Pop culture obsessives writing for the pop culture obsessed.

The Imposter

Thoughts on, and a place to discuss, the plot details we can't reveal in our review.

Spoiler space: Once The Imposter moves from Europe back to Texas and introduces the dogged Charlie Parker, it begins to consider an answer to its biggest question: Not “What happened to Nicholas Barclay?” but “Why are the Barclays so easily suckered by a man who is so obviously not Nicholas?” The theory Frédéric Bourdin proposes (and that Parker buys) is that the Barclays were never fooled, but that they saw Bourdin’s arrival as a convenient cover for their own lies. The movie suggests—via Bourdin and Parker—that the Barclays themselves were responsible for Nicholas’ disappearance.

There are only two problems with this:

1. There isn’t a single shred of non-circumstantial evidence to support Bourdin’s claims. Parker digs and digs—literally, at one point—but comes up empty.


2. Bourdin is a con man and a habitual liar.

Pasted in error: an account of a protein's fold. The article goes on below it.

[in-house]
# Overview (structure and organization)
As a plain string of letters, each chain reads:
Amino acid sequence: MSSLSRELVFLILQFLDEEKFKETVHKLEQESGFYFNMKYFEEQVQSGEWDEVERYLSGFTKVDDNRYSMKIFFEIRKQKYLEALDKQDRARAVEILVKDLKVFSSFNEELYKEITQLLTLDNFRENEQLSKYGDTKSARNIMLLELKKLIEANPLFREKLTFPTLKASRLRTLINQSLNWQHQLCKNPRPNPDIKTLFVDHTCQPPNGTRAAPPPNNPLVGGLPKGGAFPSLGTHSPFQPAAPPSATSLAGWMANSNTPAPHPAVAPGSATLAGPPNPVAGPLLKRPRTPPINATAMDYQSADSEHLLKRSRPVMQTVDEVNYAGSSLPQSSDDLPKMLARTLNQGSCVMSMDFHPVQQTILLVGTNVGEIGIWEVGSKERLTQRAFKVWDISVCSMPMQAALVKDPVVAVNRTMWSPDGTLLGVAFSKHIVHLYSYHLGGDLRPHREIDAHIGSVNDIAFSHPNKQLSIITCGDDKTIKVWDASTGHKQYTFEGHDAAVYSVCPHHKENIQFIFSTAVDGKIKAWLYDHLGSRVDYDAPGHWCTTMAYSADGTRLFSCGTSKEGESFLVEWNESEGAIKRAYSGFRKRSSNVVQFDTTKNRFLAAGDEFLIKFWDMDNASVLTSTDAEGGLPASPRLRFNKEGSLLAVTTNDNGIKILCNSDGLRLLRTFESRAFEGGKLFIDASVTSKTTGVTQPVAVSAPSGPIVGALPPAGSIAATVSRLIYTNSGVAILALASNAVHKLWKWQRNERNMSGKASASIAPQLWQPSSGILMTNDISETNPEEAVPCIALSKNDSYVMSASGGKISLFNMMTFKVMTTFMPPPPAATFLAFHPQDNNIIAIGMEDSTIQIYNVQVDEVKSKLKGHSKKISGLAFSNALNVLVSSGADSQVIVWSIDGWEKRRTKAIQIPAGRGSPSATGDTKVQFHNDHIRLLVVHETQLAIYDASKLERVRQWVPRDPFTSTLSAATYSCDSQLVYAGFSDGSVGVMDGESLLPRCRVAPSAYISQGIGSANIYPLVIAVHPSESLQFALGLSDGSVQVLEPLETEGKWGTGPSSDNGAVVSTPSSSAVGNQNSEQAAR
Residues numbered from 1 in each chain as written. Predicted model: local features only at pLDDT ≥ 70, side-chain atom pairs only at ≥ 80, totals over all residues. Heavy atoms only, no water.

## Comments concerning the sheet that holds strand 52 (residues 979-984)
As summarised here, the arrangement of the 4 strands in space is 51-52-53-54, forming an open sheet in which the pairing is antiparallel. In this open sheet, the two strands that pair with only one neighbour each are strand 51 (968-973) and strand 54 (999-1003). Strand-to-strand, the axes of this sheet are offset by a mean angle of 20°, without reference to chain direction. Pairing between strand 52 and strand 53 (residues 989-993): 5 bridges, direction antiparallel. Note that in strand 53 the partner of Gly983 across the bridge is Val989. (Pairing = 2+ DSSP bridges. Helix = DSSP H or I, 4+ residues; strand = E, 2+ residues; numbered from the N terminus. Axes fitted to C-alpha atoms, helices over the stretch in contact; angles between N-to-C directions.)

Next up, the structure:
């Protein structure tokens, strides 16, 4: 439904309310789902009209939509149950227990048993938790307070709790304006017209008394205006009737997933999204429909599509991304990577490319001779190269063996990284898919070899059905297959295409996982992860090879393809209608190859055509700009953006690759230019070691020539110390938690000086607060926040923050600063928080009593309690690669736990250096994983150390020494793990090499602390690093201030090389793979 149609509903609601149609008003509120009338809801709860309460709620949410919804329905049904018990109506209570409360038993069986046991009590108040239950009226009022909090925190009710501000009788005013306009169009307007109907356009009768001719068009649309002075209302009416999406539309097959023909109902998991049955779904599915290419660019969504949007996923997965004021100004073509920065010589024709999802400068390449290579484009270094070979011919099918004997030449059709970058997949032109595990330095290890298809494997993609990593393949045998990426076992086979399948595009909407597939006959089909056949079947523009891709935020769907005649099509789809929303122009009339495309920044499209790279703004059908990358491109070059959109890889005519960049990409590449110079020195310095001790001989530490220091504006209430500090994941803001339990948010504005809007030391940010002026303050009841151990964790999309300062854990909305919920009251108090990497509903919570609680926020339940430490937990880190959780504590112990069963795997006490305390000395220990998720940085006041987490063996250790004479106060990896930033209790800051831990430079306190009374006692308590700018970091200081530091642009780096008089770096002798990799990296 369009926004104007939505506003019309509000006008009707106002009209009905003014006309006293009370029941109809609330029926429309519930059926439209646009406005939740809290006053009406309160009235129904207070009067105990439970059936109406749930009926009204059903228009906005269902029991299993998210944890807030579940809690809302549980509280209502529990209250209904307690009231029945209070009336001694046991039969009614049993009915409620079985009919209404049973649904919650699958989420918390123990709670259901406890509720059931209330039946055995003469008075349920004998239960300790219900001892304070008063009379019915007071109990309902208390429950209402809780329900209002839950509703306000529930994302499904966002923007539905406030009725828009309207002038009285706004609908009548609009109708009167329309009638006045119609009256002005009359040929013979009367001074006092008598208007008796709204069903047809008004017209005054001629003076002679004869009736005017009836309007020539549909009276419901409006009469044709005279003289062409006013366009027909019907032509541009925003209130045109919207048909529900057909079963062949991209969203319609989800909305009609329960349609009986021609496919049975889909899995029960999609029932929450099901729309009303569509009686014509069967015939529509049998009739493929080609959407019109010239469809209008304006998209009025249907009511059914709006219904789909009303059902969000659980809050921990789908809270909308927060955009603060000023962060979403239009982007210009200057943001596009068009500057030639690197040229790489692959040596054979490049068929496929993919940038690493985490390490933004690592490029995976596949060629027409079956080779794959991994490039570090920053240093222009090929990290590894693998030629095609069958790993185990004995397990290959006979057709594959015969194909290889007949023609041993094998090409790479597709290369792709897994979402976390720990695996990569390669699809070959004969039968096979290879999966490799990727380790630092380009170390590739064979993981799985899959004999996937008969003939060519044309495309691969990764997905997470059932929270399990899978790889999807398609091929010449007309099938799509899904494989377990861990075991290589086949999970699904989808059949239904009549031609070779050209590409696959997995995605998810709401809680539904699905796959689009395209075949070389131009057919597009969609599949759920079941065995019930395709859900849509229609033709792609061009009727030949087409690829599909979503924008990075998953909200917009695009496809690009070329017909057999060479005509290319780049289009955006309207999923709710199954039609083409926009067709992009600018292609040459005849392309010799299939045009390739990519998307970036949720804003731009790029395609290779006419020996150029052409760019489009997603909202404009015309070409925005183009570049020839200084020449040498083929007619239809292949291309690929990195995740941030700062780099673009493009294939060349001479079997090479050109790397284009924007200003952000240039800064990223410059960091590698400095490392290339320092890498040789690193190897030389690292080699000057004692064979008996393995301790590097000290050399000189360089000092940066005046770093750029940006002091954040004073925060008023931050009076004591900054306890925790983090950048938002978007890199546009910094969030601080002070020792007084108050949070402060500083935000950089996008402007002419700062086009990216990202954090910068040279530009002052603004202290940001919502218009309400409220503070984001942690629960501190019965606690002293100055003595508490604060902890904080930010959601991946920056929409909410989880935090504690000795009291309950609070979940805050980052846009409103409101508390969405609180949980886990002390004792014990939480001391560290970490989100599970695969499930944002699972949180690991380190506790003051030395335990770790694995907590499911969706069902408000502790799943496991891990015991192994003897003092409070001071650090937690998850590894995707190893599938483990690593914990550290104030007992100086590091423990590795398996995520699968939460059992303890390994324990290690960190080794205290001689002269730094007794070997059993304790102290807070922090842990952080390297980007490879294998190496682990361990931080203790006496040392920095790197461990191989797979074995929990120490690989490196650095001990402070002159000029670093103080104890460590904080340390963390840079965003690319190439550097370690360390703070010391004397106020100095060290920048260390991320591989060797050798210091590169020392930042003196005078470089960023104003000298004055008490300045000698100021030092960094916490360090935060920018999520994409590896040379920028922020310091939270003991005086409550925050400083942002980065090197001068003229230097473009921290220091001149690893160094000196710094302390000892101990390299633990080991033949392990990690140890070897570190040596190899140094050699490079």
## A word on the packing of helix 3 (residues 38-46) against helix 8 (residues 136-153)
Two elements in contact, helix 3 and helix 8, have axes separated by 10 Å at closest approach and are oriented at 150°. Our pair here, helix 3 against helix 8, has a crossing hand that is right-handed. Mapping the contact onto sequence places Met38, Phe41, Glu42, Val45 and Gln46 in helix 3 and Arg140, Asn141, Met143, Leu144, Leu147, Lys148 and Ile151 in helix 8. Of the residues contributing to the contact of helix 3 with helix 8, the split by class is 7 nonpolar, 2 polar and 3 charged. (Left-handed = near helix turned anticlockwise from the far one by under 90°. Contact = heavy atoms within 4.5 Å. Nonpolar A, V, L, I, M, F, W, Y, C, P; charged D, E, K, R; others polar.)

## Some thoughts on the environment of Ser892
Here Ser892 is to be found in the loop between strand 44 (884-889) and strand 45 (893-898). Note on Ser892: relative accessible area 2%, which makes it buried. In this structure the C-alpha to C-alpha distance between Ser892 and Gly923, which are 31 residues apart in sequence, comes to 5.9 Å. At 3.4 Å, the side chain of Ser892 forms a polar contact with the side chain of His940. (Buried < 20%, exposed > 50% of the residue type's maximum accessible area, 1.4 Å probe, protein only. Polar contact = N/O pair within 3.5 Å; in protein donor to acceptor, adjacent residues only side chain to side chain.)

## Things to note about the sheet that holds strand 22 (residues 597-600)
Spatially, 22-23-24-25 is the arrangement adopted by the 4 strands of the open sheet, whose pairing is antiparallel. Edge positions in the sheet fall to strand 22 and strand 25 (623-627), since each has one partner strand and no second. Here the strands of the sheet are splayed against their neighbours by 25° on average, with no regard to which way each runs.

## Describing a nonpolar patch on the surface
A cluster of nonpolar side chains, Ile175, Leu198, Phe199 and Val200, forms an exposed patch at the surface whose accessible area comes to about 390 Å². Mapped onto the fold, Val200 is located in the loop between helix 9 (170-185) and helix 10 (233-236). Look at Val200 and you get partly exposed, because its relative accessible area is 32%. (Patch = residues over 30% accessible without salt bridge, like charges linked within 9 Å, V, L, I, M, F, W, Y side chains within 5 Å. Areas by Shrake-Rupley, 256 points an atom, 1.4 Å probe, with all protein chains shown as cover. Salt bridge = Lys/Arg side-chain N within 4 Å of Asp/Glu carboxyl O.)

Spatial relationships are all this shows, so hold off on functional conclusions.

I’m in disagreement with our film editor Scott Tobias over what director Bart Layton means us to make of these two points, both of which are clearly emphasized in the closing minutes of The Imposter. Scott (who liked the film a shade more than I did) believes Bourdin’s accusations of murder are perfectly plausible, and that Layton wants us to leave the film with a nagging sense of uncertainly over whether the Barclays are guilty. But I believe Layton wants us to leave thinking that Bourdin is full of shit. In fact, that to me redeems the way The Imposter uses reenactments and first-person interviews. I was uncomfortable throughout with the way Layton’s style blocks viewers from seeing these places and these people as they actually are. But by the end, it was clear to me that Layton—with Bourdin as his proxy—means to sucker us, by putting us in the Barclays’ shoes and getting us to believe an utter fabrication.

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